|Publication number||US6004476 A|
|Application number||US 08/944,737|
|Publication date||Dec 21, 1999|
|Filing date||Oct 6, 1997|
|Priority date||Jul 26, 1997|
|Publication number||08944737, 944737, US 6004476 A, US 6004476A, US-A-6004476, US6004476 A, US6004476A|
|Inventors||Shyam Kumar Verma, Manuel Sarkis Mekhjian, George Robert Sandor, Philip John Boon|
|Original Assignee||Fmc Corporation|
|Export Citation||BiBTeX, EndNote, RefMan|
|Patent Citations (28), Non-Patent Citations (43), Referenced by (21), Classifications (16), Legal Events (8)|
|External Links: USPTO, USPTO Assignment, Espacenet|
This application is related to commonly owned copending provisional application Serial No. 60/053,099, filed Jul. 26, 1997, and claims the benefit of the earlier filing date of this application under 35 U.S.C. § 119(e).
This invention relates generally to solutions for refrigeration systems, and in particular to absorption solutions which include corrosion inhibiting agents.
Alkali metal halides, such as lithium bromide, are used in absorbent fluids in absorption refrigeration machines. An exemplary alkali metal halide solution for absorption refrigeration applications is a lithium bromide solution, adjusted to pH range of 7-13 with lithium hydroxide.
Although this and other types of absorption solutions can be advantageous for the refrigeration cycles, alkali metal halides can be corrosive toward the materials used to construct the refrigeration machine. Such materials can include mild and stainless steel for containment components and copper or copper-nickel alloys for tube bundles, among others.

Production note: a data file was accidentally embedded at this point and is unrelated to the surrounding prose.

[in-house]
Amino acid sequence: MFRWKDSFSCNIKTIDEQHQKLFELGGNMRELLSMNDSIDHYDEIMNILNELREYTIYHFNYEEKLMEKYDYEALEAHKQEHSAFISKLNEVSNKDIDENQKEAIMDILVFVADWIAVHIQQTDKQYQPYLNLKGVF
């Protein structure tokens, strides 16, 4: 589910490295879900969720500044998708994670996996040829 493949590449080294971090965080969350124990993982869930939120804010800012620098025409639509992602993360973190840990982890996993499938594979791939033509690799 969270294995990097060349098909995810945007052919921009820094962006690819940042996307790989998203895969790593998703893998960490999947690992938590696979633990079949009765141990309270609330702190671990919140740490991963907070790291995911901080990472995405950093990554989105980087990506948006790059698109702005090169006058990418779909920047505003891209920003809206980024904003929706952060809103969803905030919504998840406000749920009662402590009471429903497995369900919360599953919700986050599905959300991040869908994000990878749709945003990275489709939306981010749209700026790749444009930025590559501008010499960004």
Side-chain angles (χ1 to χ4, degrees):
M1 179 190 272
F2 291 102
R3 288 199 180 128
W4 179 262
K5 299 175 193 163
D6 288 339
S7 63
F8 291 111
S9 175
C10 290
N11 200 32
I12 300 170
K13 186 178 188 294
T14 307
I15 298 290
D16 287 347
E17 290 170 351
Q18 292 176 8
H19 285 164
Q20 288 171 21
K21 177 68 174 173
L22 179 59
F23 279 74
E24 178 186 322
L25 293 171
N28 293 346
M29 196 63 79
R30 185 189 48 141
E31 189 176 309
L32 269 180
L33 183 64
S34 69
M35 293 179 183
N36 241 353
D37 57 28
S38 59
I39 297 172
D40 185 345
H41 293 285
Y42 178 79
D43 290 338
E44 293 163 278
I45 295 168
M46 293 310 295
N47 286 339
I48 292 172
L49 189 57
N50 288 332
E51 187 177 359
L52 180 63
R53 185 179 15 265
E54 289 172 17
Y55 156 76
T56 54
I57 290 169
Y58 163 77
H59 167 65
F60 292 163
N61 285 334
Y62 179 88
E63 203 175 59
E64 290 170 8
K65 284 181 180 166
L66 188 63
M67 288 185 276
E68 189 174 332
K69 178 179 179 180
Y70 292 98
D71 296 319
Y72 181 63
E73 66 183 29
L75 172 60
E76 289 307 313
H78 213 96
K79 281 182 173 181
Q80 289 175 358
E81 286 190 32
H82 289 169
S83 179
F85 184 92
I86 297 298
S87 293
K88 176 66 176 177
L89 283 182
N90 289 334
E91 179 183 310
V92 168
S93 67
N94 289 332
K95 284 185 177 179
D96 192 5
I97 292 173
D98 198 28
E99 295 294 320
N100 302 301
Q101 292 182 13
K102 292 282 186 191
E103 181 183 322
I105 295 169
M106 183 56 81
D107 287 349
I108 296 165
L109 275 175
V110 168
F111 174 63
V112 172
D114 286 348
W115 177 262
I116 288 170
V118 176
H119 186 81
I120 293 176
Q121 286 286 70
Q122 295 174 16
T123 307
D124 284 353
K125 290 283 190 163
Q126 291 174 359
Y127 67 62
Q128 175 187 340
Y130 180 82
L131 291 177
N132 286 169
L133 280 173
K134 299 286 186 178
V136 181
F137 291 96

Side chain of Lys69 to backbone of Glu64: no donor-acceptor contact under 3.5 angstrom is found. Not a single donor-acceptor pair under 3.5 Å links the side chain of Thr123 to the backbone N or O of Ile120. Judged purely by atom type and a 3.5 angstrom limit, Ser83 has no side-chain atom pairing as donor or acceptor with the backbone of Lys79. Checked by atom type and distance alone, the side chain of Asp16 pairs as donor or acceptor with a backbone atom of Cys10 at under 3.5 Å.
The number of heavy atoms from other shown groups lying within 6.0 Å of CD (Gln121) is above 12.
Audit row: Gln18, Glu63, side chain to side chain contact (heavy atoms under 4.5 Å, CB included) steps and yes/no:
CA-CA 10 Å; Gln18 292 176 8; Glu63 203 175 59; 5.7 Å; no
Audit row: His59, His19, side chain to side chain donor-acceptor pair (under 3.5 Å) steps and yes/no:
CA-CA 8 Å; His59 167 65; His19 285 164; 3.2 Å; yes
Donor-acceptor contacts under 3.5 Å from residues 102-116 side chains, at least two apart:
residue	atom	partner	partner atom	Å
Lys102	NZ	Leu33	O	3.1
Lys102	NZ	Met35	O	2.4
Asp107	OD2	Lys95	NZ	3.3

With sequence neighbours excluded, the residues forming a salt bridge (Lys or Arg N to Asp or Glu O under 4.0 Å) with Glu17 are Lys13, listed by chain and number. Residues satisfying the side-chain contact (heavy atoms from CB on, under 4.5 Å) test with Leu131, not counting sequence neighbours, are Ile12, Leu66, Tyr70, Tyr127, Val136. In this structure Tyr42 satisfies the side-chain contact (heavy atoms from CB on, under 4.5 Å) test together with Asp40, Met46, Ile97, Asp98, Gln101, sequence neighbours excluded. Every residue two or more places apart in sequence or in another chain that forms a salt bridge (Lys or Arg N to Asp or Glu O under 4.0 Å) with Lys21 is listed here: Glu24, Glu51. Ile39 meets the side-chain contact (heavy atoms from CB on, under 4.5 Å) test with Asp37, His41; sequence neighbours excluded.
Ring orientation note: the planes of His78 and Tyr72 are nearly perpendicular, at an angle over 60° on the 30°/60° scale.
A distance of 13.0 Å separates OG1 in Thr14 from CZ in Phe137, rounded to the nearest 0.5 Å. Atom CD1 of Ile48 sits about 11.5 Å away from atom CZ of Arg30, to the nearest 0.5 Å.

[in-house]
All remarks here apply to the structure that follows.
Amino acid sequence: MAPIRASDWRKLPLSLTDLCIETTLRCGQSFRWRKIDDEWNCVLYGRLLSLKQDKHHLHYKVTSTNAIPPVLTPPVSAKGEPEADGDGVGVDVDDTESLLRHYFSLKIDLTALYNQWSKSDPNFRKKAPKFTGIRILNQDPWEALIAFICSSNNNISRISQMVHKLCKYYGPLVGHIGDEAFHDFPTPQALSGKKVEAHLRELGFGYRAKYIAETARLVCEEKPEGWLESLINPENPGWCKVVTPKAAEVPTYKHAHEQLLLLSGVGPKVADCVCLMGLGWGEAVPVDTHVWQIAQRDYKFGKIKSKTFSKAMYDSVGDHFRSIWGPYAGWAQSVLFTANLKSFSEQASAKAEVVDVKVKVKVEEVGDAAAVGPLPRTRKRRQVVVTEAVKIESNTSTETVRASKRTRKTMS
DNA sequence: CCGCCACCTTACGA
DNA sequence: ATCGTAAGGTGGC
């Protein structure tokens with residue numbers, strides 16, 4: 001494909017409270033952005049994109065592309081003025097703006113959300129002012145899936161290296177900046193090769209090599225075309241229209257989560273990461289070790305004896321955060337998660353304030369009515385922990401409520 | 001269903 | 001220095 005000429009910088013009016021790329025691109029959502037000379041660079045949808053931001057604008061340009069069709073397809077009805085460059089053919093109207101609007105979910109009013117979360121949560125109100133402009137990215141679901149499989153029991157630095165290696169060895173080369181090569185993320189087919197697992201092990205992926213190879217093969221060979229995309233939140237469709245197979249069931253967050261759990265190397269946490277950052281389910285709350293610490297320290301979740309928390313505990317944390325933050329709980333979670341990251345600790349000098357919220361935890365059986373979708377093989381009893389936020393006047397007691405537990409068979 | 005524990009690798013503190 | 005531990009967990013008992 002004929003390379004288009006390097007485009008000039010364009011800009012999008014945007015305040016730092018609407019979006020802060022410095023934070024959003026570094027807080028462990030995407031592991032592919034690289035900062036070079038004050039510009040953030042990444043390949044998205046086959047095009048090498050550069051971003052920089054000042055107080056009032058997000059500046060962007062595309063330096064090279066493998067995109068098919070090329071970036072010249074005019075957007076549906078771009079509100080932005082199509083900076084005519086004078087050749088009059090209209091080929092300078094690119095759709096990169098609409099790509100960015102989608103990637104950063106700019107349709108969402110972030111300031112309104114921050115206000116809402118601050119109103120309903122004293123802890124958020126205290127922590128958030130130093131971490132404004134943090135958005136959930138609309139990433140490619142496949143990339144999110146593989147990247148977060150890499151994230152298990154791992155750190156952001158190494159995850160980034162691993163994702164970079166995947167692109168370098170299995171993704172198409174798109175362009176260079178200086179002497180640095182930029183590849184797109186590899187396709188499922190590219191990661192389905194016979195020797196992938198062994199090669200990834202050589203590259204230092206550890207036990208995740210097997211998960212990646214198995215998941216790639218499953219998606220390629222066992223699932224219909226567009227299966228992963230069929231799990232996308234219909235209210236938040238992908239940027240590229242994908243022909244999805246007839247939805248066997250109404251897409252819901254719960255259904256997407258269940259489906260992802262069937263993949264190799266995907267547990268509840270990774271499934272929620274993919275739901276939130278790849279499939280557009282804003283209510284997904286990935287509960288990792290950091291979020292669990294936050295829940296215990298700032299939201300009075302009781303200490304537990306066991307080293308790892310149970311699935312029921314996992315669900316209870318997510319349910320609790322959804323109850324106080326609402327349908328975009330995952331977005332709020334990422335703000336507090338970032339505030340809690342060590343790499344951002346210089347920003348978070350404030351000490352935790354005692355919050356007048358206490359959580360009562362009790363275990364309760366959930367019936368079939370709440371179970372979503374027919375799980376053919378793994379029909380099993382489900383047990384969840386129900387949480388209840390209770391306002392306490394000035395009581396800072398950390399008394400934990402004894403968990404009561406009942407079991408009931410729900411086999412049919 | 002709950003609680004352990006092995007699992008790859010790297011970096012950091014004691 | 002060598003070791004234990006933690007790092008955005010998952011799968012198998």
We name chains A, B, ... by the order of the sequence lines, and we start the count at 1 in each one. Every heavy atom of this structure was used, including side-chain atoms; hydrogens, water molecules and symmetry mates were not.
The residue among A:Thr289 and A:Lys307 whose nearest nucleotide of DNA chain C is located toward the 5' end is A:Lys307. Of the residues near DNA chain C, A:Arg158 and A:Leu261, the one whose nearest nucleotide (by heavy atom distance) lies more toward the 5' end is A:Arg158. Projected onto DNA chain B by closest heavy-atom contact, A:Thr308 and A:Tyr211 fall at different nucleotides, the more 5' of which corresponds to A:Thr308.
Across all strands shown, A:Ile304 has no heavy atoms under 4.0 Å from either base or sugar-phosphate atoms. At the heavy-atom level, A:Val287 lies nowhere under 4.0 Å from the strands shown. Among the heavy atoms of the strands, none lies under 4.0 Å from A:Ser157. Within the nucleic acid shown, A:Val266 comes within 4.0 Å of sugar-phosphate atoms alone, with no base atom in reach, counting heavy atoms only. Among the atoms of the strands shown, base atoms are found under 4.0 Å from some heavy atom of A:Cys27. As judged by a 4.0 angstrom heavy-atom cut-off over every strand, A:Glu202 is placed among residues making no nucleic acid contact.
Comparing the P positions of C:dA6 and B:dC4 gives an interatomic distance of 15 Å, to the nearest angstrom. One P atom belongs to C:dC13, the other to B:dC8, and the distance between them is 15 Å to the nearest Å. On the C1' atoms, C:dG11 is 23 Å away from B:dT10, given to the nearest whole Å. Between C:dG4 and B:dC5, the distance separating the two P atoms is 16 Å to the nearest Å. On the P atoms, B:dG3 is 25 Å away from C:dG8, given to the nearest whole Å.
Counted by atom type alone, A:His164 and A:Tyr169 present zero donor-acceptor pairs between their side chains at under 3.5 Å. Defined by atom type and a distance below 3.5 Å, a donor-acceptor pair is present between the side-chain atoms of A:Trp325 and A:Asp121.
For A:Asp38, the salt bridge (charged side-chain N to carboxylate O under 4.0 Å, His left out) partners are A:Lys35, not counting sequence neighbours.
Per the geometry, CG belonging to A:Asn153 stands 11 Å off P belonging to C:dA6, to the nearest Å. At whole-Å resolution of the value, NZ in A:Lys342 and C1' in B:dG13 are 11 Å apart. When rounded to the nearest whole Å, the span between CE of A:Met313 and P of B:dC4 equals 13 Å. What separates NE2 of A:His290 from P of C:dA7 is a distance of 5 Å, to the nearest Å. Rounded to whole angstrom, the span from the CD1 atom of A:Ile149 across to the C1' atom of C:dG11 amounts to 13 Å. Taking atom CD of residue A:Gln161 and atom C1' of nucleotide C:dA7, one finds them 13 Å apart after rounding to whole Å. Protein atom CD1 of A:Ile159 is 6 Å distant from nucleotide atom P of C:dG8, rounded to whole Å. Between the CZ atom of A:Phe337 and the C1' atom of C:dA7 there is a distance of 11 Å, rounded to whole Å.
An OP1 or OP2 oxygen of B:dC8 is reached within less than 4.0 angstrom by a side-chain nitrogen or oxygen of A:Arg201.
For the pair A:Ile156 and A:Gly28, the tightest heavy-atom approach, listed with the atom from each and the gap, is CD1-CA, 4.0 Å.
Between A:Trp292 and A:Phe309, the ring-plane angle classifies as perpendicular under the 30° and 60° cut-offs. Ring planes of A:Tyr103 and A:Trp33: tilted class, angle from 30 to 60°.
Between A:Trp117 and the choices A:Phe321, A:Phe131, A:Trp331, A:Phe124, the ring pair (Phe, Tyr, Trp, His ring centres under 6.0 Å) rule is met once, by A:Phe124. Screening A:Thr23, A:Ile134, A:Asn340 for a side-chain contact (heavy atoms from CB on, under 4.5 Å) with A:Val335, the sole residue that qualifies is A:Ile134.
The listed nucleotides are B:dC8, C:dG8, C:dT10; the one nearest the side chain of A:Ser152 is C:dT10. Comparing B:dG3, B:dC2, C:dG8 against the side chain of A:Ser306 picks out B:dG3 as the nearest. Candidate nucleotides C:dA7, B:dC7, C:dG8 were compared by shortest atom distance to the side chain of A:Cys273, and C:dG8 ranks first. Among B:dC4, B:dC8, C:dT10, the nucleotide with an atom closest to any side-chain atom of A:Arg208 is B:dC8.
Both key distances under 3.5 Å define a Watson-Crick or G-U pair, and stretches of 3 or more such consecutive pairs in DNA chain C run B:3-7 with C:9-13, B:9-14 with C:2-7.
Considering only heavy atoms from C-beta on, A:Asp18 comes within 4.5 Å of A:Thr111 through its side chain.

In addition to the surface damage caused by corrosion, the corrosion reaction evolves hydrogen gas as a byproduct. Incondensibles in the form of atoms or ions can easily enter and diffuse into metals, resulting in the degradation of their mechanical properties under certain conditions.
The severity of corrosion can vary depending upon factors such as temperatures of the system, concentration of alkali metal halide in the absorption solution, metals used in the construction of the refrigeration unit, the presence of air, and the like. For example, during use, the internal temperature of such machines can be high, typically up to about 450° F. and higher, depending on the type of the absorption cycle, which can increase the corrosive effect of the alkali metal halide solution.
Various additives, such as lithium chromate, lithium nitrate, and lithium molybdate, have been proposed as corrosion inhibitors in alkali metal halide absorption solutions. However, lithium chromate can raise environmental concerns, and its use is being phased out. Further, the level of chromate and its oxidation state must be carefully maintained. If too little chromate is used, then it does not properly passivate the whole metal surface and pitting can result. Lithium nitrate can potentially evolve ammonia, which can cause stress corrosion cracking of copper based alloys such as heat exchanger tubes. Lithium molybdate exhibits only limited solubility in alkali metal halide solutions. In addition, lithium molybdate is metastable in aqueous halide solutions. Thus it can be difficult to maintain in aqueous halide solutions and to maintain a constant concentration of molybdate ions in solution.